I, The Preacher wish you a very happy Easter dear STANDARDS BEARERS. I believe we are doing our best to deliberately enjoy the long weekend.
I am here to finish the business we started for almost a week ago. It was my plan to end the conversation on this subject matter the day after but I have been thwarted by so many things. But to God be the glory that I am here to round up.
In our last post we made effort to establish the disconnection between today’s caregivers and the precious children and young people they are saddled with the responsibility of providing direction for in the 21st Century.
We opined that today’s caregivers fail to accept the reality that times have changed.
Permit me to start today by saying that African caregivers seem to glory in their status rather than their capacity. So we celebrate our status and make no deliberate efforts to build capacity. We are unaware that deliberate investment in building the relevant capacity helps us to face, surmount and triumph over the challenges of 21stcentury and prepare us to help our precious children and young people not only take responsibility for the PERSONAL SAFETY and SELF-PROTECTION but to also optimize and take full advantage of the limitless opportunities of 21st Century.
This is what we call entitlement mentality in this regard; this uninformed and archaic idea of the African caregivers putting all of our confidence our STATUS and not in our CAPACITY. We forget that our STATUS as caregivers assigns to us definite roles and responsibilities and our failure to live up to these roles and responsibilities renders our STATUS useless.
Before the 21st century and its limitless opportunities and daring complexities, it was not enough to be primary and secondary caregivers just by STATUS. If it was not enough then, I beg to submit that it is nothing now.
Bill Gates Senior in his book Showing Up for Life submitted, ‘I am intrigued by the fact that most of us seldom look for any guidance on how to perform competently as parents when there is so much good formal training and information available.’ He continued as follows: ‘Mary and I took one Parent Effectiveness Training course together at our church. It wasn’t nearly enough. Even so, I still remember a lesson from that class worth passing on. “No matter what you do, never ever demean your child.’
Today it is now common for caregiver to be shocked at the negative things our precious young people are capable of planning and executing. We get very angry when we discover that our precious children have taken advantage of our avoidable ignorance. The video went viral the other day of a father who claimed to have been deceived by his undergraduate son and went to cane him publicly at the university. It is instructive that the father found the courage to believe that he had not role to play in who the child has become. It is more instructive that the father may not consider his action an exercise in public show of shame and it he did, he found the peace to exonerate himself from same, thinking that the public show of shame only belonged to his dear son.
It is my conclusion that the son was a reflection of the ignorance of his father and it anybody should be canned it was the father. As far as I am concerned that son suffered double jeopardy. First a victim of the childhood training he received and secondly he became a victim of the unguarded anger of one of the people who failed to provide a guide.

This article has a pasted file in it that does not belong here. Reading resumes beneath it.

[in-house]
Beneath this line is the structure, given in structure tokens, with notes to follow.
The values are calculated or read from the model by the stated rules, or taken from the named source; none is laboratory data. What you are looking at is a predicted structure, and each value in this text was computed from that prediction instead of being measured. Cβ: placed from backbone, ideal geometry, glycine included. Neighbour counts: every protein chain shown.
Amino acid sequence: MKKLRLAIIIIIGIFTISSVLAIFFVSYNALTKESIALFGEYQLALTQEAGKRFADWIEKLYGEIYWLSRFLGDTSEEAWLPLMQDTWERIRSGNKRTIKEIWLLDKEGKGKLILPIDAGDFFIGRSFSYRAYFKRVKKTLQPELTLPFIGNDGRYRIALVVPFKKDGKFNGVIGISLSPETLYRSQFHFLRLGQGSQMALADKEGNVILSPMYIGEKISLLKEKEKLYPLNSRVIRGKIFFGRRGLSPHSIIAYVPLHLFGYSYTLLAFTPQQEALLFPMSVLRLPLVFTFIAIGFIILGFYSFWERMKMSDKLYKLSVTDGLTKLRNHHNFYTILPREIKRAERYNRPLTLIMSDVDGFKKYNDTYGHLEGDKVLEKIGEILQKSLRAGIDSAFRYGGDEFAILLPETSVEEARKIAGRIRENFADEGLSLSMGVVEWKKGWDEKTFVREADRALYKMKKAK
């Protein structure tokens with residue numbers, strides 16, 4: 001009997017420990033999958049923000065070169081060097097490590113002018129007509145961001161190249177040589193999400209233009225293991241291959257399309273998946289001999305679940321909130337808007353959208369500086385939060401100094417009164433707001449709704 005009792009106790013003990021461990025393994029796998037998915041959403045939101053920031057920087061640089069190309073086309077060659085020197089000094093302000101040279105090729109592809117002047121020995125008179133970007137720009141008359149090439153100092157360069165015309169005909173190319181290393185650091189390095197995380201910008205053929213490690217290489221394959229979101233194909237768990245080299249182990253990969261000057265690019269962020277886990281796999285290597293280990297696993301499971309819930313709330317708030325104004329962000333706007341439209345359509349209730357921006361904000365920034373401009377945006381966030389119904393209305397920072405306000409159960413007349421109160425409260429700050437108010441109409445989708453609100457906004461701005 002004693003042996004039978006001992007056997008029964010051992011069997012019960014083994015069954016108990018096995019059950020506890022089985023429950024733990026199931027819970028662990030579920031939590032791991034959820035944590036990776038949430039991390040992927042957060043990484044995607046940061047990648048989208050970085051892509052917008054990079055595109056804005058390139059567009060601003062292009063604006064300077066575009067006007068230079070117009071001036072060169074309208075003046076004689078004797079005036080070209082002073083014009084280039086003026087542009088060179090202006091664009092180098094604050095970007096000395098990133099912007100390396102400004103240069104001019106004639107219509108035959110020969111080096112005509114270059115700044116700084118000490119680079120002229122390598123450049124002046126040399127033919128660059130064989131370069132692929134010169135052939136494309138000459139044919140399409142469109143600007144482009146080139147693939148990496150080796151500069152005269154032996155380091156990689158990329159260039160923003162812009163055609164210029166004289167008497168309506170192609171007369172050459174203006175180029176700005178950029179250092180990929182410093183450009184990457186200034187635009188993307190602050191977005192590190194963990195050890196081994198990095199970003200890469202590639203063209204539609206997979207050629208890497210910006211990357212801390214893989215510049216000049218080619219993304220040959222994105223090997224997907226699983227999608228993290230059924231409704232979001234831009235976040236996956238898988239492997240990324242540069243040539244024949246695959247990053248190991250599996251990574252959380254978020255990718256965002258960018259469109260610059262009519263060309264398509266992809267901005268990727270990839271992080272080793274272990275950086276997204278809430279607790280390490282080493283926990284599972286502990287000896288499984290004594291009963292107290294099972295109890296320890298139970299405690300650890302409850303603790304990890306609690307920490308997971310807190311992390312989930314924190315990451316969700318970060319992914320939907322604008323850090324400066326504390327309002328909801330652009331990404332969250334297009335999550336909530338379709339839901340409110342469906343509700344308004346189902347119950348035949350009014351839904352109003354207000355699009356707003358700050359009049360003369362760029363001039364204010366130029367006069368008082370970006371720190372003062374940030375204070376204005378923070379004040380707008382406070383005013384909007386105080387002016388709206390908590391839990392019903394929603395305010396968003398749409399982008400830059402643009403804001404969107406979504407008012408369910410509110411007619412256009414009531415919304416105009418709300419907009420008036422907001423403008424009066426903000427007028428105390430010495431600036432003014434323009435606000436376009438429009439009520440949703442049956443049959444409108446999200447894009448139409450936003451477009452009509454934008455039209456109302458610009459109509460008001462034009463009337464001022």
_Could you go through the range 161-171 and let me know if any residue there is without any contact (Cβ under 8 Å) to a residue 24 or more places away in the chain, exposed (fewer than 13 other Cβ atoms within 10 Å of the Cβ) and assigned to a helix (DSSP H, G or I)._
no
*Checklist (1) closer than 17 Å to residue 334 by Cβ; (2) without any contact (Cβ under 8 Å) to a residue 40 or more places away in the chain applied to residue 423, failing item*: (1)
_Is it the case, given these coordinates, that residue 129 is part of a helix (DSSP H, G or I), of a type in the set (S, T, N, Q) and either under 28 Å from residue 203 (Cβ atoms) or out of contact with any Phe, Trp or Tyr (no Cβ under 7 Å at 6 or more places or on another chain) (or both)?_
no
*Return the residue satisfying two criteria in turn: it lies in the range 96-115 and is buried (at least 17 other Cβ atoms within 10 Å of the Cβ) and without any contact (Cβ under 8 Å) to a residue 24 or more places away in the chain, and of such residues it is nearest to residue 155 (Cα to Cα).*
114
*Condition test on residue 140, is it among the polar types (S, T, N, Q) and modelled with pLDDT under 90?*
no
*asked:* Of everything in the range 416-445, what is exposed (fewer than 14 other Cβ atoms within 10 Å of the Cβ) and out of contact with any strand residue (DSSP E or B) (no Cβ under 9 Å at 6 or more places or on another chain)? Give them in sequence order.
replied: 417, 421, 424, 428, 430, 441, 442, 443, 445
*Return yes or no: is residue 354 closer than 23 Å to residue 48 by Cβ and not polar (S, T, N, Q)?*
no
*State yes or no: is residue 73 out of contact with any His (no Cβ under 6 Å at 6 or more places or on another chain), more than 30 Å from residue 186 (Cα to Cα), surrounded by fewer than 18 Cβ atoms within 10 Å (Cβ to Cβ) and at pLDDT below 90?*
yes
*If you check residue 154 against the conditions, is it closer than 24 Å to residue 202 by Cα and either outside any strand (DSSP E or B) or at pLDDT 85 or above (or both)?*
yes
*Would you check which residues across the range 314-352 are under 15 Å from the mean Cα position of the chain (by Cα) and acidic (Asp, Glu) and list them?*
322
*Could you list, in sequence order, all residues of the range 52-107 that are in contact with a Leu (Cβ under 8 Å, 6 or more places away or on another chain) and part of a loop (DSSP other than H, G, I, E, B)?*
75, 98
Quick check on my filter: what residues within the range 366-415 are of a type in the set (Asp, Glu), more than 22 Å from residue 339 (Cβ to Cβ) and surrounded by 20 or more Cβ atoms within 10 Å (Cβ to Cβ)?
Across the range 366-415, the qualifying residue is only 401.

The real challenge of today’s caregiver is that you are trying to employ obsolete knowledge and skills, learnt by our experience of child to prepare our precious children of today for the limitless opportunities of today and the future and the challenges thereof.
What should today’s caregiver do? First we must drop our entitlement mentality, humble ourselves under the mighty hand of God, apologize to our precious young one and enlist them as parts in progress in the matter of guiding them through the limitless opportunities of the 21st Century and the seemingly insurmountable challenges thereof.
The first tenet of our partnership with our precious young ones is to be ready to LEARN OF them and LEARN FROM them. While I will be here tomorrow to share with us what it means to share to LEARN OF and LEARN FROM our precious young people, permit me to round off today by saying that we must be ready to LEARN WHAT and HOW the 21st century children and young people want to be guided.
Research has shown that one of the ways the 21st century wants to be guided is through PLAY; through entertainment. Our young people today have everything but attention and if we must arrest their attention, it must be with something which interests them and not necessarily what interest us.
That is the role of our monthly comic, S.A.F.E™Ville. It is a deliberate breakaway from the norm and it is for caregivers who see the future from now and know that the future begins NOW if only we create it now. It is for caregivers who know that your right to play and reap the benefits of the future is only preserved in deliberately enlisting our precious children and young people as part of those, who through superior intelligence create the future, knowing that the empires of the future are minds and are in the mind.
I urge you to place your order of the comic today for the precious children within your network and areas of influence today.
Do have an INSPIRED weekend.
Yours IN THE BEST INTEREST OF THE PRECIOUS AFRICAN CHILD,